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Researchers have developed an AI-driven method to identify new targets for human disease, including neurodegenerative conditions such as Alzheimer’s disease. The team, led by the University of Cambridge, presented an approach to identify therapeutic targets for human diseases associated with a phenomenon known as protein phase separation. This is a recently discovered phenomenon widely present in cells that drives a variety of important biological functions.

  • A new AI-driven tool can identify new targets for human diseases.
  • The discovery opens up new possibilities in drug discovery.

Protein phase separation at the wrong place or time could disrupt key cellular functions or create aggregates of molecules linked to neurodegenerative diseases. It is believed that poorly formed cellular condensates could contribute to cancers and might help explain the aging process.

New opportunities for drug discovery

The Cambridge researchers collaborated with generative artificial intelligence (AI)-driven drug discovery company Insilico Medicine. Together, they developed a method for finding new targets for drug discovery in diseases caused by dysregulation of the protein phase separation process. The team found that they could replicate disease characteristics in cells by controlling the behavior of these targets. Their results are reported in the Proceedings of the National Academy of Sciences (PNAS).

“The discovery of protein phase separation opens up new opportunities for drug discovery,” said Professor Michele Vendruscolo from Cambridge’s Yusuf Hamied Department of Chemistry, who led the research. “However, it has been unclear which proteins undergo this process and represent the best targets for effective pharmacological interventions.”

AI tools at work

In the study, researchers combined Insilico’s proprietary target identification engine PandaOmics with the FuzDrop method to identify disease-associated proteins prone to phase separation. PandaOmics is an AI-driven therapeutic target discovery tool that integrates multiple omics and text AI bioinformatics models to assess the potential of proteins as therapeutic targets.

FuzDrop is a tool introduced by the Cambridge team, which calculates the propensity of a protein to undergo spontaneous phase separation, aiding in identifying proteins prone to form liquid-liquid phase-separated condensates.

Using this approach, the researchers conducted a large-scale study of human sample data. Then, they quantified the relative impact of protein phase separation in regulating pathological processes associated with human disease. Next, they prioritized candidates with high PandaOmics and FuzDrop scores and generated a list of possible therapeutic targets for human diseases linked with protein phase separation.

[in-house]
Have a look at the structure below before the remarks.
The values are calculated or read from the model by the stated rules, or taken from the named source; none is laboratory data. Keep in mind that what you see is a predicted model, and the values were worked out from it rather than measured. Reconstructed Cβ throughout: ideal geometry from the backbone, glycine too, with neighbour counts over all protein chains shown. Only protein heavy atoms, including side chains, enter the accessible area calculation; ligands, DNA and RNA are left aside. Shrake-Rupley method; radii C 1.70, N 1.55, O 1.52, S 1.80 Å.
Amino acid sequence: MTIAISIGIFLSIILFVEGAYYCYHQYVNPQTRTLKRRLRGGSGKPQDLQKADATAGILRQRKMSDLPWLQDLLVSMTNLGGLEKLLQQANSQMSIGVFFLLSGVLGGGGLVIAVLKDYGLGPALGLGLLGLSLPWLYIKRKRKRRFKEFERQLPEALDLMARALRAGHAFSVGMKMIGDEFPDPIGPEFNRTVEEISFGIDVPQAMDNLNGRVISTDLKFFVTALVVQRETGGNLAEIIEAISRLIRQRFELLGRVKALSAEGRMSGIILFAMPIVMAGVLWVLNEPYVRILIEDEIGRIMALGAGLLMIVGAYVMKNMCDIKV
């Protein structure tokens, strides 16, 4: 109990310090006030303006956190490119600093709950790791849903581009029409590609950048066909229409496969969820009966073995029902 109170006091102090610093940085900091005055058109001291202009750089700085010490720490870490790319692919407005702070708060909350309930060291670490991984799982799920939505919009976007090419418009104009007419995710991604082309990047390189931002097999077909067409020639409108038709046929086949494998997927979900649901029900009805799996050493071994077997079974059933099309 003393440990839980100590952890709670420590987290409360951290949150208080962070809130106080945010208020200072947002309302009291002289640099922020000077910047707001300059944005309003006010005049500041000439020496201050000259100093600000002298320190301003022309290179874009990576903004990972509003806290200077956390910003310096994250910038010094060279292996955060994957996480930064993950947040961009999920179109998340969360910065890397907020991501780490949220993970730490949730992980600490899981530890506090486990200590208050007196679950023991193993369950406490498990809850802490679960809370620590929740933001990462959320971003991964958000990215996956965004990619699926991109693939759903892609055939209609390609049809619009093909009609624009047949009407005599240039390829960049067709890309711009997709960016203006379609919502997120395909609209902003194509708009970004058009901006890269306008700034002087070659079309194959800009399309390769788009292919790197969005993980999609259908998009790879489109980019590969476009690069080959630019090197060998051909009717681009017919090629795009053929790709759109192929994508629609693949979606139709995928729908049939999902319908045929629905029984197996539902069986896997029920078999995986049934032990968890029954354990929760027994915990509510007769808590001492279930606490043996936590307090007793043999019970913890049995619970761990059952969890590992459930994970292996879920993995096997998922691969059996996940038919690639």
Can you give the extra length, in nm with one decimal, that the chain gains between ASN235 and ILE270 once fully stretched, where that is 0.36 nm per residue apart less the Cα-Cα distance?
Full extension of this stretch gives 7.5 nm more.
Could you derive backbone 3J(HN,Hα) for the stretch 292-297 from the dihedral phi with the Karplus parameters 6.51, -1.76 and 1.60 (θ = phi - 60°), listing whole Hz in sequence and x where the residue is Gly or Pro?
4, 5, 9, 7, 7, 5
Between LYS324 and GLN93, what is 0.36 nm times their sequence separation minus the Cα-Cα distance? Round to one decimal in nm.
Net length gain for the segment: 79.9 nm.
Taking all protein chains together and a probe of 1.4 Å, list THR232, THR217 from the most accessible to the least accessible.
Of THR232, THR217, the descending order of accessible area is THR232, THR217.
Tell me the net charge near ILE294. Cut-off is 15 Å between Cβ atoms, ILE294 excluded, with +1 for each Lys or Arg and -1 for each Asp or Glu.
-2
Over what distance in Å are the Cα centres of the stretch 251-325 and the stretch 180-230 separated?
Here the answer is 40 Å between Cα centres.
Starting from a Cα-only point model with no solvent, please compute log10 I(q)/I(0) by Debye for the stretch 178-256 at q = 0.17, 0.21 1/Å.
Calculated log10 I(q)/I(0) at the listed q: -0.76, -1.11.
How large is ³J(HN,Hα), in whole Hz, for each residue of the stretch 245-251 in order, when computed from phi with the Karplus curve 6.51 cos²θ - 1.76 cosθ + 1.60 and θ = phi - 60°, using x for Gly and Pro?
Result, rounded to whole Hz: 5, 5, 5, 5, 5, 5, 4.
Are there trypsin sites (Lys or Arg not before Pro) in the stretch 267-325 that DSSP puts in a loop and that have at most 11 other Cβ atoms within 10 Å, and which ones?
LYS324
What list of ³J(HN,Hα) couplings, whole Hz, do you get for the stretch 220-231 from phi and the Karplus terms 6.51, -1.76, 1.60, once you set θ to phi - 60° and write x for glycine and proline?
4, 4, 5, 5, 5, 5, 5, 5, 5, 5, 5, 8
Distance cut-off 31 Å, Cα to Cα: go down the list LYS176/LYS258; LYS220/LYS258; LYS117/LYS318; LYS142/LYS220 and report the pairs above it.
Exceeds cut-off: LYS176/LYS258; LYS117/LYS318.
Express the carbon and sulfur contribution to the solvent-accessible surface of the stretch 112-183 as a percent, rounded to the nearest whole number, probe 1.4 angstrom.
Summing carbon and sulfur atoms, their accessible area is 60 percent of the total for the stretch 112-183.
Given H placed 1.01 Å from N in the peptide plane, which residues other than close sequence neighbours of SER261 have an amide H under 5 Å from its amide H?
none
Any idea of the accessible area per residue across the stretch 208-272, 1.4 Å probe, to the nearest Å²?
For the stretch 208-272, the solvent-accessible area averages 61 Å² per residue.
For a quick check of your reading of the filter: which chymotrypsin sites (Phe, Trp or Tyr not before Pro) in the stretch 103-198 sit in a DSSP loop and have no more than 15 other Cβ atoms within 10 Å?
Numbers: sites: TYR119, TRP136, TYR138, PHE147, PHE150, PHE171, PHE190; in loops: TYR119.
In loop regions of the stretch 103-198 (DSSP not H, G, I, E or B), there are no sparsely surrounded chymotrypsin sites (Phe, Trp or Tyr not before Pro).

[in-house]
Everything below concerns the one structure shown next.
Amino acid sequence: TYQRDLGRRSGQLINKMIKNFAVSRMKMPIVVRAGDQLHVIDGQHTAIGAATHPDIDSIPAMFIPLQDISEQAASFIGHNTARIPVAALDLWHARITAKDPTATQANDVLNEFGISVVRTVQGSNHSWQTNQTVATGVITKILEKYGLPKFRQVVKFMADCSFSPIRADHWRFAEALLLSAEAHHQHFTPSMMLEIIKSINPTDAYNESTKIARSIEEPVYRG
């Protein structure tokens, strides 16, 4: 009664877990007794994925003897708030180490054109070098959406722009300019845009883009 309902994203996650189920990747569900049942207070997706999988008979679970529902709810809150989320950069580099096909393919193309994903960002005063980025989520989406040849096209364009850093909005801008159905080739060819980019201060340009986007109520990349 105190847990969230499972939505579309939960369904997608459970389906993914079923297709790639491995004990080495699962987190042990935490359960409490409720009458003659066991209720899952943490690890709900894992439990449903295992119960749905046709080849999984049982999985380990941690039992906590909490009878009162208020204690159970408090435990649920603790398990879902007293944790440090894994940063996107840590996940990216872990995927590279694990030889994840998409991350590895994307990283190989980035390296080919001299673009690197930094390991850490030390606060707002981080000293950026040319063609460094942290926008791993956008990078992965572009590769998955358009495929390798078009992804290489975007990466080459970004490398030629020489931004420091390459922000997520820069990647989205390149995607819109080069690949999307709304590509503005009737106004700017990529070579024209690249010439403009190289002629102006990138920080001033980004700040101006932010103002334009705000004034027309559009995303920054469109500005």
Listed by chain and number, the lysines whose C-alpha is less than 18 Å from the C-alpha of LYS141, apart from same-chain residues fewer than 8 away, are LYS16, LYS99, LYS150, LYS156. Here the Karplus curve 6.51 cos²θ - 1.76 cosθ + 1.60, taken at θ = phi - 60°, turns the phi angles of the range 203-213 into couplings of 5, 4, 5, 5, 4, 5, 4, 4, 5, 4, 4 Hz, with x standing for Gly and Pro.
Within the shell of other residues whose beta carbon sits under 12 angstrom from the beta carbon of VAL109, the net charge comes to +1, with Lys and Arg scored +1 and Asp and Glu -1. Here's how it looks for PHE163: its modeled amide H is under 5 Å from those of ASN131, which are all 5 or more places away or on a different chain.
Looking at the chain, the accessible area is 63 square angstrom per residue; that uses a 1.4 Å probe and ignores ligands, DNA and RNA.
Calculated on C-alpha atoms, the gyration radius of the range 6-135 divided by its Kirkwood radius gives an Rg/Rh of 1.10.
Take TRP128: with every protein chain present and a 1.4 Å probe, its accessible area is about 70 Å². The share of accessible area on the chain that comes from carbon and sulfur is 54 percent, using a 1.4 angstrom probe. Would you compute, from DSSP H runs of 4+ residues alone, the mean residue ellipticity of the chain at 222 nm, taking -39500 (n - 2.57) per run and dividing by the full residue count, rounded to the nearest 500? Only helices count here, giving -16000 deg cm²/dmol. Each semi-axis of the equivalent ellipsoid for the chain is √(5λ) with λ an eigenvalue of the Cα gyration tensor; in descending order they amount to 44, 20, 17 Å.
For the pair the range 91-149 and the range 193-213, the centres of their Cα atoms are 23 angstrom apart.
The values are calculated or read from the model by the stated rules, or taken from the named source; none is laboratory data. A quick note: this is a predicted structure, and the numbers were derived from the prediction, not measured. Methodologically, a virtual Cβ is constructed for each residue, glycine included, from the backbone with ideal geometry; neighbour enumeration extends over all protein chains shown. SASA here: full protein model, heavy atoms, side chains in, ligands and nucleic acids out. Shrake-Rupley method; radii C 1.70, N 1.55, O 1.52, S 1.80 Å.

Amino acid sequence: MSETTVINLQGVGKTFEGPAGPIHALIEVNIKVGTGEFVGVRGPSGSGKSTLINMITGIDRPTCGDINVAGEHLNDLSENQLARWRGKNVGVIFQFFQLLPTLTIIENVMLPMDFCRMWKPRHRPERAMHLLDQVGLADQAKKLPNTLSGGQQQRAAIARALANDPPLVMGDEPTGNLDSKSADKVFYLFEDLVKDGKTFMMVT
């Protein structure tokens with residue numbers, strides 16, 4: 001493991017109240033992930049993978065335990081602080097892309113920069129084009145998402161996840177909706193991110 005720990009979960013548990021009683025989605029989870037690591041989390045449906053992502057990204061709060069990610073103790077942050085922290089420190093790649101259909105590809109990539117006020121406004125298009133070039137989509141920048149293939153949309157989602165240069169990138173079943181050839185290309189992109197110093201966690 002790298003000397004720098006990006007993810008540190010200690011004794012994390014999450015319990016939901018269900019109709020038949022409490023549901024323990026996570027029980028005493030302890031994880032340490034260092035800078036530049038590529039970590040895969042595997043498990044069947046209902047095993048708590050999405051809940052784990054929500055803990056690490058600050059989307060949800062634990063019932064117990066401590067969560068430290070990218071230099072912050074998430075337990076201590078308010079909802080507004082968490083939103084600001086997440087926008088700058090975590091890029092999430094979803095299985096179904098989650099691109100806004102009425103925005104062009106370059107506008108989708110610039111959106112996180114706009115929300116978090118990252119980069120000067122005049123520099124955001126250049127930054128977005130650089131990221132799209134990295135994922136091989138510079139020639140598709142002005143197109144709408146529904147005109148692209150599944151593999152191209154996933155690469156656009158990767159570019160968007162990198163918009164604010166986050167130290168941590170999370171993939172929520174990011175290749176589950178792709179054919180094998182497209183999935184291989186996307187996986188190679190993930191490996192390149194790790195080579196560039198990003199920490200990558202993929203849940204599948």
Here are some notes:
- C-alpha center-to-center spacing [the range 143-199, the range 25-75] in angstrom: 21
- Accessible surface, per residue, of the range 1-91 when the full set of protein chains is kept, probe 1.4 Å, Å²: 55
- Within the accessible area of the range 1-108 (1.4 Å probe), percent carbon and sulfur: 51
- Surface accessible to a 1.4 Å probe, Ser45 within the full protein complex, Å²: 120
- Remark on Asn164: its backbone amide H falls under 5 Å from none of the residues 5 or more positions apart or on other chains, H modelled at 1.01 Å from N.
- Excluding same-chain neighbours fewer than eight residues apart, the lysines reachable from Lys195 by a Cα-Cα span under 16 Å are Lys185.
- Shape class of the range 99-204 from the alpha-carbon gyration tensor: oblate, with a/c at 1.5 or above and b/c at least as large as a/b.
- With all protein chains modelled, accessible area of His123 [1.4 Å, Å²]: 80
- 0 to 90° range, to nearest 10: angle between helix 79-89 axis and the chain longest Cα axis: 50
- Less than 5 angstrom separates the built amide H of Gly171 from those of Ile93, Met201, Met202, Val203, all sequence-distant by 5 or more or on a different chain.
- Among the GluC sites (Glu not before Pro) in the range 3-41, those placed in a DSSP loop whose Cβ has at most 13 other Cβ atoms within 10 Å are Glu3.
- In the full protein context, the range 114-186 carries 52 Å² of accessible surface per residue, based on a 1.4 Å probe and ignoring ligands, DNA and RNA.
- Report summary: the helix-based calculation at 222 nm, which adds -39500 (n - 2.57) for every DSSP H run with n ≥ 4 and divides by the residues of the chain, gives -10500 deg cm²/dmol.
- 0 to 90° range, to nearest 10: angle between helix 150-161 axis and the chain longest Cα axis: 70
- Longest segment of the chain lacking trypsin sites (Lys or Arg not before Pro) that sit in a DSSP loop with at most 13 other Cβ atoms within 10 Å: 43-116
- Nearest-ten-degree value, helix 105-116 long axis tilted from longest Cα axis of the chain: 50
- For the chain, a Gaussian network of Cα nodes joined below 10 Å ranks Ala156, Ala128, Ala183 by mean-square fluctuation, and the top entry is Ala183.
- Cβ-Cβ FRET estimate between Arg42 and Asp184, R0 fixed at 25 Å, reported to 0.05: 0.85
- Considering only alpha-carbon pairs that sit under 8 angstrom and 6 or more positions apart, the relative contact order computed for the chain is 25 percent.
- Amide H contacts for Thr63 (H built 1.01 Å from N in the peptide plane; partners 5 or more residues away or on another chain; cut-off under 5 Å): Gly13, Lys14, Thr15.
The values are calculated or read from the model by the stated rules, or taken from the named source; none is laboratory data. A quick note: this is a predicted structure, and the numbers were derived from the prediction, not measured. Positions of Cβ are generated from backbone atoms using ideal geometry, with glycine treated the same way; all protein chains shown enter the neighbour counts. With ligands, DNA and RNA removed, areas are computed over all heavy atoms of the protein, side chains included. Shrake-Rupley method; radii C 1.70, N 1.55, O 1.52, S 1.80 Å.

Understanding the relationships between targets and diseases

The researchers validated the differential phase separation behaviors of three predicted Alzheimer’s disease targets (MARCKS, CAMKK2, and p62) in two cell models of Alzheimer’s disease. This provides experimental validation for the involvement of these predicted targets in Alzheimer’s disease and supports their potential as therapeutic targets. By modulating the formation and behavior of these condensates, it may be possible to develop new interventions to mitigate the pathological processes associated with Alzheimer’s disease.

“We are pleased to reach the milestones of our collaboration with the University of Cambridge,” said Frank Pun, PhD, head of Insilico Medicine Hongkong and co-author of the paper. “The study is intended to provide initial directions for targeting disease-associated proteins prone to phase separation. With ongoing technical advancements in studying the protein phase separation process and growing data about its roles in cellular function and dysfunction, it is now possible to comprehend the causal relationship between these targets and diseases. We anticipate facilitating the translation of this preclinical research into novel therapeutic interventions soon.”